(Reuters) - Air Canada ACb.TO said on Wednesday it expected weakness in the Canadian dollar and adverse weather conditions to weigh on results in the current quarter, news that sent its shares sinking as much as 20 percent in morning trading.
The country’s largest carrier, which widely missed analysts’ expectations for the fourth quarter, said the Canadian dollar had weakened more than it forecast when crafting its budget.
First-quarter earnings before interest, taxes, depreciation, amortization and impairment, and aircraft rent (EBITDAR) could fall by between C$15 million ($13.6 million) and C$30 million from a year earlier, when it earned C$145 million.
The Montreal-based company told analysts on a conference call on Wednesday that it would consider trimming costs and raising prices when the timing was appropriate.
A fall in the Canadian dollar hurts Air Canada as the airline makes its major purchases, such as planes and fuel, in U.S. dollars.
Fears about low inflation in Canada and the possibility of an interest rate cut dragged the Canadian dollar to a four-and-a-half year low against the greenback on January 31.
The Canadian dollar was worth about 90.77 U.S. cents on Tuesday; it was near parity a year earlier.
Air Canada said it has U.S. dollar currency derivatives of about $1.55 billion and U.S. dollar cash reserves of $743 million, which will be available to help offset about 50 percent of its net U.S. dollar exposure in 2014.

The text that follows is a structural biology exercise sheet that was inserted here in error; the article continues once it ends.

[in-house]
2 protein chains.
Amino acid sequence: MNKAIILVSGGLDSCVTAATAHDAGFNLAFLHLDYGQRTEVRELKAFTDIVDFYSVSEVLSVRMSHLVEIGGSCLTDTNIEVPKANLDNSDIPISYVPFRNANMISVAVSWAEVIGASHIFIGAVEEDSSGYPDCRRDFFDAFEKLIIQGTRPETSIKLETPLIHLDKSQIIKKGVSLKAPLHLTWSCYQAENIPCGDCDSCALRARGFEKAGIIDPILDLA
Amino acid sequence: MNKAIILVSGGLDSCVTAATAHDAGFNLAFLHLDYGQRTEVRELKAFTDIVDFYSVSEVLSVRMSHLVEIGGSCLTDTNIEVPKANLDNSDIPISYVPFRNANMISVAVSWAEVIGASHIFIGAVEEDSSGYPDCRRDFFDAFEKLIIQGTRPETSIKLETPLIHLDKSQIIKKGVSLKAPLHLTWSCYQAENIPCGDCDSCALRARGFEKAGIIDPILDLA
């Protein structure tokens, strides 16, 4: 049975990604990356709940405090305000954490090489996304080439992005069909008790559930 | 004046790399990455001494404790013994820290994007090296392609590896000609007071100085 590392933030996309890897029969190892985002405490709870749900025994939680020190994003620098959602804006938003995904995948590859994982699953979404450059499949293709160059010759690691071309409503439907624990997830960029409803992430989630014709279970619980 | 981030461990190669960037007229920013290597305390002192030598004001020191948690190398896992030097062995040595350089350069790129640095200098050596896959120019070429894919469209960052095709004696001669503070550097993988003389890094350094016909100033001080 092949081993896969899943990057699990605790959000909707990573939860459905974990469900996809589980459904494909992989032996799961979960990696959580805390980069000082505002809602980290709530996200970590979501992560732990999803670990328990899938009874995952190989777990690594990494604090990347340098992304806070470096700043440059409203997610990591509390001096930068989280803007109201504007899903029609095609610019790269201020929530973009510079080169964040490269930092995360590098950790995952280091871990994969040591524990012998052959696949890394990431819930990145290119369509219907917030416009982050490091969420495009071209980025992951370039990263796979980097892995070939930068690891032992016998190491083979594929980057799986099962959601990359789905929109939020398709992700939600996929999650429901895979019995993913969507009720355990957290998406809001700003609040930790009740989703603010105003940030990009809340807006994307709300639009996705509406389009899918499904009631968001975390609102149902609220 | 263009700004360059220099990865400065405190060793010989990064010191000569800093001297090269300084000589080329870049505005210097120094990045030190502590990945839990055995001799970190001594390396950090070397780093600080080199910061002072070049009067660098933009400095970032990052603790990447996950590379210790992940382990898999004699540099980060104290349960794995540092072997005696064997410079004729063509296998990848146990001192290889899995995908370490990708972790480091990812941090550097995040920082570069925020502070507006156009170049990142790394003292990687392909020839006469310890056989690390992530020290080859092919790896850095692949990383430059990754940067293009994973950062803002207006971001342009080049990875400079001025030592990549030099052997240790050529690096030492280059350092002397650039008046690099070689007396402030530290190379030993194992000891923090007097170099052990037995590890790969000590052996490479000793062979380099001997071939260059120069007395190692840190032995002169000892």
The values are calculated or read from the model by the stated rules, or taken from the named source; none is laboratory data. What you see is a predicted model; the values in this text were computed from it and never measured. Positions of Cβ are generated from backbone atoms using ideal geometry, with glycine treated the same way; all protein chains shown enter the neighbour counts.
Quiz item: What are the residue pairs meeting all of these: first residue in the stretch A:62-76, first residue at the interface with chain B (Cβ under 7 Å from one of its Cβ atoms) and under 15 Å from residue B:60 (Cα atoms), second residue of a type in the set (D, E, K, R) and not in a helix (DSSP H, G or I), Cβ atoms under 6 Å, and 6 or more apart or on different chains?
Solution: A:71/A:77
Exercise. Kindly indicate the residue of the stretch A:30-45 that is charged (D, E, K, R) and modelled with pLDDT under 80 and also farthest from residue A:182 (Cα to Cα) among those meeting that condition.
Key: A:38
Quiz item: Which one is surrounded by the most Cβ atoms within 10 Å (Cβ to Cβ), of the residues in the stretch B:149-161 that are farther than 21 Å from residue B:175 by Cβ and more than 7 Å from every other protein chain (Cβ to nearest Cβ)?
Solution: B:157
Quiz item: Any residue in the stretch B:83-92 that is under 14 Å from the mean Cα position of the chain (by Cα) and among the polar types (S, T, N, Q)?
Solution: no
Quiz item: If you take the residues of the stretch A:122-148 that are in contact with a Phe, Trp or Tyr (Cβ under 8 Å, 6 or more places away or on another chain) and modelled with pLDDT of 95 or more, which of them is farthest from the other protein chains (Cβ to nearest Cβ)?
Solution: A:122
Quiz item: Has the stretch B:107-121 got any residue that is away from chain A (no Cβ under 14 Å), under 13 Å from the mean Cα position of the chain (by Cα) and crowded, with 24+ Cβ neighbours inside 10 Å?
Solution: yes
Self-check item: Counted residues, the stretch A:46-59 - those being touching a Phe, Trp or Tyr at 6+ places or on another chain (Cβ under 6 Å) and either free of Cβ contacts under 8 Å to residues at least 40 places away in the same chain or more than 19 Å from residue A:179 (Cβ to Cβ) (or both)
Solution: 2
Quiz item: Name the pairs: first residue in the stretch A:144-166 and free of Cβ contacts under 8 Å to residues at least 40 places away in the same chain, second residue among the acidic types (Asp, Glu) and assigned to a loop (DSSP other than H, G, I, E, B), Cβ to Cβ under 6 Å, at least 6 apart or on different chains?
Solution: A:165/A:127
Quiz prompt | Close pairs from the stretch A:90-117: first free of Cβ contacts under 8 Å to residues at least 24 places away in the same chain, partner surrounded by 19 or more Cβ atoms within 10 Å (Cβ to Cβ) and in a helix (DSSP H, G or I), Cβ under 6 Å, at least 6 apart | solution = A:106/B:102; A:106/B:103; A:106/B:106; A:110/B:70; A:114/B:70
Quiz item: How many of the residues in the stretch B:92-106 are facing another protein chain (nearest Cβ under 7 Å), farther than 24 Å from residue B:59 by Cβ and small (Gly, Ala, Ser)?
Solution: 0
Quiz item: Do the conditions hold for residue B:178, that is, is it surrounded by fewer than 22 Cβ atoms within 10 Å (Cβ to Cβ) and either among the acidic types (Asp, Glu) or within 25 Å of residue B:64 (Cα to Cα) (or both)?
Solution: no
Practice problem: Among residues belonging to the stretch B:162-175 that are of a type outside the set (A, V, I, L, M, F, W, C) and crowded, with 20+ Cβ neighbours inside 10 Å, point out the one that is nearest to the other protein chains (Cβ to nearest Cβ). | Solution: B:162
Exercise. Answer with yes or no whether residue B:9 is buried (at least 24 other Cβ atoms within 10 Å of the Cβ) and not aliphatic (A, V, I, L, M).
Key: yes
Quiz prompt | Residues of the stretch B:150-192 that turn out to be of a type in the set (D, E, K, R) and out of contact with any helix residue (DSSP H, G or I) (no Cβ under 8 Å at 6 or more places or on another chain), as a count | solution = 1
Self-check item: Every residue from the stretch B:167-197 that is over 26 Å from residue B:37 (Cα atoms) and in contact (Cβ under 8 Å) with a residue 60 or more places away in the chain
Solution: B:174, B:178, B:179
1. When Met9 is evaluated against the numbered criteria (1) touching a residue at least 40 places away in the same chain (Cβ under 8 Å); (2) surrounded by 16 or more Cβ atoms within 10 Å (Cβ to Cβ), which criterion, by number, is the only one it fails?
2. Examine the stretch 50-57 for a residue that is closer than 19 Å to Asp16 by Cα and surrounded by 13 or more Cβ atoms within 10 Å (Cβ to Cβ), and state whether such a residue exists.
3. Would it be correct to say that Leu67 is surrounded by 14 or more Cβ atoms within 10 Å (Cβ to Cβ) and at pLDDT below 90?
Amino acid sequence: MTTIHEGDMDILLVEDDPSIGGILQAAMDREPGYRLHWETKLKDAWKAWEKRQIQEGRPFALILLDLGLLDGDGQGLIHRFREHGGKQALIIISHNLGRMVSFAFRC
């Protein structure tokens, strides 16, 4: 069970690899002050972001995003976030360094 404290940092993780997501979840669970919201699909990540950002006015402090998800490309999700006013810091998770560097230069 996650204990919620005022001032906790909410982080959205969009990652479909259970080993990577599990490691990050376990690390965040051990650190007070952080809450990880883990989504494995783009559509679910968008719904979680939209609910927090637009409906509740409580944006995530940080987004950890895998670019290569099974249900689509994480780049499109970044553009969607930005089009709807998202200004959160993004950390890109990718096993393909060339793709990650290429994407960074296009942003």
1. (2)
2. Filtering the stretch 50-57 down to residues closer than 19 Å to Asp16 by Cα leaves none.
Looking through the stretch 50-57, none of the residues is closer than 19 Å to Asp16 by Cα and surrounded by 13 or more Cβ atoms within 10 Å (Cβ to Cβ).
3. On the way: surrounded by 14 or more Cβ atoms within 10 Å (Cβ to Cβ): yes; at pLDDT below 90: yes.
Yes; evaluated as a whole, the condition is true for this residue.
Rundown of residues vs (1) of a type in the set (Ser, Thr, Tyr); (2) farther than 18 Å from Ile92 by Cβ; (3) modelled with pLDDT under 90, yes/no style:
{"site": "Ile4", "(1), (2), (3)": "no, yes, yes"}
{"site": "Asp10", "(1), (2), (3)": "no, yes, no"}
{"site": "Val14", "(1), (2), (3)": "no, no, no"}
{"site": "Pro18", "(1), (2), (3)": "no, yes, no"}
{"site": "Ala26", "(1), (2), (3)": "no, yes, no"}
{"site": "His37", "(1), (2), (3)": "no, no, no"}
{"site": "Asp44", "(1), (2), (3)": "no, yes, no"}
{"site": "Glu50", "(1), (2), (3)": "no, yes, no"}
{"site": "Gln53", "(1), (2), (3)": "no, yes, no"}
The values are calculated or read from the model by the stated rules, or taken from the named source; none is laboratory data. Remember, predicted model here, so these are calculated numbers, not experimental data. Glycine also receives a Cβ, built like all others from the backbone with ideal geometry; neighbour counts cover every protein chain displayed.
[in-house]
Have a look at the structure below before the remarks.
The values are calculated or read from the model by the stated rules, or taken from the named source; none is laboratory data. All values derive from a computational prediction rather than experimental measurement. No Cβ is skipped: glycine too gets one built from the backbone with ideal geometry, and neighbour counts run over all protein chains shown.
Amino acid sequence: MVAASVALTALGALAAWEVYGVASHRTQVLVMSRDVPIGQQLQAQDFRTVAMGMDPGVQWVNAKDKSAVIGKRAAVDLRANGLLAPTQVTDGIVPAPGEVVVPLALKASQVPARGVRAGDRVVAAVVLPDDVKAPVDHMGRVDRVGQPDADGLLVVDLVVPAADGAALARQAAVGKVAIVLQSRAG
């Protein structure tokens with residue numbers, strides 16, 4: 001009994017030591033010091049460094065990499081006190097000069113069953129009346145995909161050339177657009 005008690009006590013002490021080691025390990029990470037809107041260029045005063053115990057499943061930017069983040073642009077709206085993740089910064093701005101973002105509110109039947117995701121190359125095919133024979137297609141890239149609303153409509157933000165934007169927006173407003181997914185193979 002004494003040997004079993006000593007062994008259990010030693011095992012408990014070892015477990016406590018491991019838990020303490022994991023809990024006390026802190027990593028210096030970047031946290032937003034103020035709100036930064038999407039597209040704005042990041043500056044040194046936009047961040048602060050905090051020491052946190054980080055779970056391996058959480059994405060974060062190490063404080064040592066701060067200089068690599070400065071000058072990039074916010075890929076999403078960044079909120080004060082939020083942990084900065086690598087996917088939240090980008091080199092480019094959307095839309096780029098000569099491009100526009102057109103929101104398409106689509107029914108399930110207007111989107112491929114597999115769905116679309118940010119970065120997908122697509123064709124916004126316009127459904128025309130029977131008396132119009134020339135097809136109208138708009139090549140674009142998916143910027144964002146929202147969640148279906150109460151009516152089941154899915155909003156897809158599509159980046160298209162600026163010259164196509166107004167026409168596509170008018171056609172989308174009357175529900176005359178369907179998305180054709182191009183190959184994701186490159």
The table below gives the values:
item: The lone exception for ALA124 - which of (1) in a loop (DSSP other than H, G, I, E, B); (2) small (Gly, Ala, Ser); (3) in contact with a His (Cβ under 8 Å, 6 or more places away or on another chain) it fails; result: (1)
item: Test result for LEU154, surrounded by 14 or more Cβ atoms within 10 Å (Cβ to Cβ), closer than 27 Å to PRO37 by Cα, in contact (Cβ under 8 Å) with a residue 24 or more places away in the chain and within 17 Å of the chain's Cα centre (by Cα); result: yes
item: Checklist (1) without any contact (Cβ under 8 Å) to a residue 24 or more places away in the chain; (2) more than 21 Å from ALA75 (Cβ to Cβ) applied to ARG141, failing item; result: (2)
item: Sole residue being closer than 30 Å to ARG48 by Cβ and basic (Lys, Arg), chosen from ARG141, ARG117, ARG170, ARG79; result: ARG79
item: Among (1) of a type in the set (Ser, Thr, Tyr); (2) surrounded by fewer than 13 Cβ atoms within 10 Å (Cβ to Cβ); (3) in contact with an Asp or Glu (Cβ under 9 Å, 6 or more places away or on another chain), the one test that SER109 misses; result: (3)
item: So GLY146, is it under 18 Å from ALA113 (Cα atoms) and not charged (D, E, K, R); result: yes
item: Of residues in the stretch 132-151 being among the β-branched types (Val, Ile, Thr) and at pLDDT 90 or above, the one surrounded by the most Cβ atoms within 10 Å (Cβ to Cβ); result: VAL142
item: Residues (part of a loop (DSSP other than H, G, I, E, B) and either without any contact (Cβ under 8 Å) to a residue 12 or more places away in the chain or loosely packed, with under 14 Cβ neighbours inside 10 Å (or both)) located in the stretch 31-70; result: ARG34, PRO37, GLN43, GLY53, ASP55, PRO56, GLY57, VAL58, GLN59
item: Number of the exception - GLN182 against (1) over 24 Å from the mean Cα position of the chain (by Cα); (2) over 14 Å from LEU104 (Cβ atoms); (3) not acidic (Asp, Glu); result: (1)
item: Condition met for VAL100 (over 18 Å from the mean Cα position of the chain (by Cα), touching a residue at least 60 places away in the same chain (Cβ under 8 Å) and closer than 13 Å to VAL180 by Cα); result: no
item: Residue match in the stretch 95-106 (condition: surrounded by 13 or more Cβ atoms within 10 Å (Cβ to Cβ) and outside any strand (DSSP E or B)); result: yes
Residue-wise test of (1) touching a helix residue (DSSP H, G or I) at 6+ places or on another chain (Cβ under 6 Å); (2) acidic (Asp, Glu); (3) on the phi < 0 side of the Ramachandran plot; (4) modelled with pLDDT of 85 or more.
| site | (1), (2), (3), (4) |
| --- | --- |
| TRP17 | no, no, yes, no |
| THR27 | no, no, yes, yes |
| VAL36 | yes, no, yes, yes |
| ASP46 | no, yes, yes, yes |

WestJet Airlines Ltd (WJA.TO), Air Canada’s main domestic rival, recently raised ticket prices to make up for rising currency-related costs. WestJet said it would raise prices again if the Canadian dollar slid further.
Air Canada forecast adjusted cost per available seat mile (CASM) to fall between 1 and 2 percent in the first quarter and 2.5 and 3.5 percent for the full year. CASM is a key metric that measures the cost incurred to fly a single seat for a mile.
For the full year, the weaker Canadian dollar is expected to hit Air Canada’s CASM outlook by 1.4 percentage points.
The carrier said seat capacity will increase to between 3.5 and 4.5 percent in the current quarter compared to last year.
While Air Canada said it reported its best full-year financial performance, fourth-quarter results were hit by planes that were slightly less full than the fourth quarter of 2012 and lower yields. Passenger revenue per available seat mile (RASM) fell 1.7 percent.
Air Canada’s CASM fell 2.3 percent in the fourth quarter ended December 31.
Adjusted CASM excludes fuel expenses, the cost of ground packages at Air Canada Vacations and special items.
The company’s net loss narrowed to C$6 million, or 2 Canadian cents per share, from C$60 million, or 22 Canadian cents, a year earlier. Operating revenue rose to C$2.89 billion from C$2.84 billion.
Excluding financing expenses on employee benefits and other items, adjusted earnings were C$3 million, or 1 Canadian cent a share, compared with a loss of C$5 million, or 2 Canadian cents a share.
Analysts, on average, had been expecting earnings of 12 cents a share, according to Thomson Reuters I/B/E/S.
EBITDAR excluding the impact of benefit plan amendments for the fourth quarter was C$277 million, compared with C$283 million a year ago. Air Canada estimated that EBITDAR in December took a C$15 million hit from harsh winter weather.
Shares slumped 12.9 percent to C$6.81 in morning trading, after earlier sinking as low as C$6.20.
In January, shares briefly reached highs not seen since early 2008 before tumbling some 20 percent on concerns over the impact of the Canadian dollar.
($1 = $1.10 Canadian)
Additional reporting by Sneha Banerjee in Bangalore and Allison Martell in Toronto; Editing by Kirti Pandey and Bernadette Baum